Mice can sing like engines in ultrasonic jets

ultrasonic jet engines

Many laboratory mice emit ultrasounds to communicate with each other. The ultrasounds, or ultrasonic vocalizations, cannot be heard by human ears.

In a new study led by Washington State University, researchers find that mice generate these high frequency sounds using a similar mechanism to that in ultrasonic jet engines. The finding is published in Current Biology.

Previous studies have shown that mice can generate 3 types of ultrasounds, depending on the animal’s age, its environmental conditions, and its emotional state.

Baby mice produce a 40-kHz sound when they are separated from their mothers. Adult mice emit a 22-kHz sound in anticipation of inescapable aversive stimuli. These two types of sounds reflect a negative emotional state of the animal.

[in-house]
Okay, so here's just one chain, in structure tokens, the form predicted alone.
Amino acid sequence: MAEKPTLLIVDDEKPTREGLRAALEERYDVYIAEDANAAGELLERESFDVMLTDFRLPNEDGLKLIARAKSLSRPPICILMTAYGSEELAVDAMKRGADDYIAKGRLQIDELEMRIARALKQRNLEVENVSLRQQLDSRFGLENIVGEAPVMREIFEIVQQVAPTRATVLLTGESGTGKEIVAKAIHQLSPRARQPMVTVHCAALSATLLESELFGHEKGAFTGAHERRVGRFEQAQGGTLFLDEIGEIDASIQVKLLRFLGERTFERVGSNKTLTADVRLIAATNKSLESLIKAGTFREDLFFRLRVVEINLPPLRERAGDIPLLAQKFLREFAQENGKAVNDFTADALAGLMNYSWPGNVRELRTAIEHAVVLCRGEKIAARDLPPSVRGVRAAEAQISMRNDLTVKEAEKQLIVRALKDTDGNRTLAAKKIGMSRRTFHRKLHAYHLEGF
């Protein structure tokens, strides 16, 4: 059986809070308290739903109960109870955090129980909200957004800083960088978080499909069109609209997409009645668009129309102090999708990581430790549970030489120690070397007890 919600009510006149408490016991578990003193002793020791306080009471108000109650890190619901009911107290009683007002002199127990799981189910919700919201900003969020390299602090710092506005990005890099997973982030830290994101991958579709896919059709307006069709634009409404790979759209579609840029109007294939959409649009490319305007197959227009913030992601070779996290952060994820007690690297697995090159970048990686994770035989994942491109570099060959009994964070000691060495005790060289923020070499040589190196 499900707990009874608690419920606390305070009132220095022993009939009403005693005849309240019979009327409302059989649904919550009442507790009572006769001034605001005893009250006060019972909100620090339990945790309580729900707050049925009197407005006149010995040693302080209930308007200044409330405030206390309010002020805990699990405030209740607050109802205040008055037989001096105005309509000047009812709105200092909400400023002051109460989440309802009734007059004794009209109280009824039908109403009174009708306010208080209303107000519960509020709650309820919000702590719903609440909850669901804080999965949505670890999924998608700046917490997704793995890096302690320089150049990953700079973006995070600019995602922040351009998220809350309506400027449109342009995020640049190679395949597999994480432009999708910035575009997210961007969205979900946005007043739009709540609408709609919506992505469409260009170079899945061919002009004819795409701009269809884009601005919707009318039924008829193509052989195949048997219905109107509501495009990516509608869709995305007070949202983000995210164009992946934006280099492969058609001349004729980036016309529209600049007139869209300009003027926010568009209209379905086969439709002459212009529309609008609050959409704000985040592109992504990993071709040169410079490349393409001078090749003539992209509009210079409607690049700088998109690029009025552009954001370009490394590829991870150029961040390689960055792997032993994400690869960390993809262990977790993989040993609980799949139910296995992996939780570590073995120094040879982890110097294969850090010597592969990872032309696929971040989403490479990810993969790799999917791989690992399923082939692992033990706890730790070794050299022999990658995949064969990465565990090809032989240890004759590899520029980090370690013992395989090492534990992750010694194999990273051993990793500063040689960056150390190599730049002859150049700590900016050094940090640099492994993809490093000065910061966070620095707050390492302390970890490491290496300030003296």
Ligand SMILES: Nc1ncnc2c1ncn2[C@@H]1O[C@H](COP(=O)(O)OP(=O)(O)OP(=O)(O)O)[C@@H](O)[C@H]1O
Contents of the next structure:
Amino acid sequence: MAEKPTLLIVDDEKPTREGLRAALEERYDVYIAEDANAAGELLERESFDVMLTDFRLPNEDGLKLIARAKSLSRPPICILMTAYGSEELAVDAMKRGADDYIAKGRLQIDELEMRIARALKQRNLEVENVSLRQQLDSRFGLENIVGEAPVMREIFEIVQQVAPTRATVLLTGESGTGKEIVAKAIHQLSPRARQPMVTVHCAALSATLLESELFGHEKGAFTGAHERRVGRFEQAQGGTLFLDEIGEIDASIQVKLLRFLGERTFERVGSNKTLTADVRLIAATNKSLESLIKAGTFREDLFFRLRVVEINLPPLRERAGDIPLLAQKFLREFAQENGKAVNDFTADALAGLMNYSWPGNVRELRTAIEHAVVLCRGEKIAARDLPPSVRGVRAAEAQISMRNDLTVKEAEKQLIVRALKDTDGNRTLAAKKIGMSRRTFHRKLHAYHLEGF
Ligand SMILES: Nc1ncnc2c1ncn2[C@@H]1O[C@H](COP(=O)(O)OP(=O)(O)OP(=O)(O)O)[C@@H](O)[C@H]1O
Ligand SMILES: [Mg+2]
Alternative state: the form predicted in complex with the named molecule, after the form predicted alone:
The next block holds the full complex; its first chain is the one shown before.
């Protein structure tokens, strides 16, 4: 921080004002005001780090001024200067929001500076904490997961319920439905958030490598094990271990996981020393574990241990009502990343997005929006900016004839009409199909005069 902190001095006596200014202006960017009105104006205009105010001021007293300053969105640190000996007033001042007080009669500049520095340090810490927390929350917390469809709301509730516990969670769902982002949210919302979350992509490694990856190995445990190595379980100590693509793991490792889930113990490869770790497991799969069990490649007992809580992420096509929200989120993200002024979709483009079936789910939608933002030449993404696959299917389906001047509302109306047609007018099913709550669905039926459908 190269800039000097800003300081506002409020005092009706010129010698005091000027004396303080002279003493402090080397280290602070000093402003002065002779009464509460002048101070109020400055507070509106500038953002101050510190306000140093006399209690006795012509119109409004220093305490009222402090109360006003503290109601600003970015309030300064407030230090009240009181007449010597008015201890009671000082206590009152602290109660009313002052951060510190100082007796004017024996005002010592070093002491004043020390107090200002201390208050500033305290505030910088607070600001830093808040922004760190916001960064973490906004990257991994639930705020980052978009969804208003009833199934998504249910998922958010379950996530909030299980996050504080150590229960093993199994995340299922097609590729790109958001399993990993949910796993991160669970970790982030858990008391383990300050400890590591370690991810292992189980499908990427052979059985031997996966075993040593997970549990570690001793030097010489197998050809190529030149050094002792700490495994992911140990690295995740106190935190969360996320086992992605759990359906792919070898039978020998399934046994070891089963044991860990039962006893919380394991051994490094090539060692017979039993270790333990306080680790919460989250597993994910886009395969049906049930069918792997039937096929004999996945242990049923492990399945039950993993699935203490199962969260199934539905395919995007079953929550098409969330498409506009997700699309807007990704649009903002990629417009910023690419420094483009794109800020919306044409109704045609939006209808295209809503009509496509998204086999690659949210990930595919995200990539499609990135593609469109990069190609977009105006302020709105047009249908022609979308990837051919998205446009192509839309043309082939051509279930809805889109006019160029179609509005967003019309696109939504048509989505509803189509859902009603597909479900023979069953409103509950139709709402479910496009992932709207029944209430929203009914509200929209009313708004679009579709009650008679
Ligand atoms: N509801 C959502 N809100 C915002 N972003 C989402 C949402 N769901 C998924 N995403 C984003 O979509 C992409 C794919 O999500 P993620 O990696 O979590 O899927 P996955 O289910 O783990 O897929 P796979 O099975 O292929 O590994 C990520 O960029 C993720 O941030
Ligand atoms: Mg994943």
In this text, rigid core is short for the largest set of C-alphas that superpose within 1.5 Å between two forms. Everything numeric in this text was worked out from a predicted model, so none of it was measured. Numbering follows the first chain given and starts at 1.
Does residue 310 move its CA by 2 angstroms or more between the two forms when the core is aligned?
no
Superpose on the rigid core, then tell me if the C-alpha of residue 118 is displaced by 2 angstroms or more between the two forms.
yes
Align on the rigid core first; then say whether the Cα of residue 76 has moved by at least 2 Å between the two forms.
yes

In addition, mice can produce a 50-kHz sound under non-aversive conditions, and these sounds reflect a positive emotional state of the animal.

Generally, the function of ultrasounds in adult mice is likely to facilitate or inhibit social interactions.

In the current study, researchers found that mice pointed a small air jet coming from the windpipe against the inner wall of the larynx, which caused a resonance and producing an ultrasonic whistle.

Using ultra-high-speed video of 100,000 frames per second, researchers found that the vocal folds remained still while ultrasound was coming from the mouse’s larynx.

Researchers suggest that this mechanism can be found in engines in ultrasonic jets and turbines. This means mice use a very complicated and smart way to generate ultrasound.

Future research will focus on how mice use their brain to control muscles to generate these ultrasounds, and how the ultrasounds influence their behavior.

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Citation: Mahrt E, et al. (2016). Mice produce ultrasonic vocalizations by intra-laryngeal planar impinging jets. Current Biology, 26: R880-R881. DOI: 10.1016/j.cub.2016.08.032.
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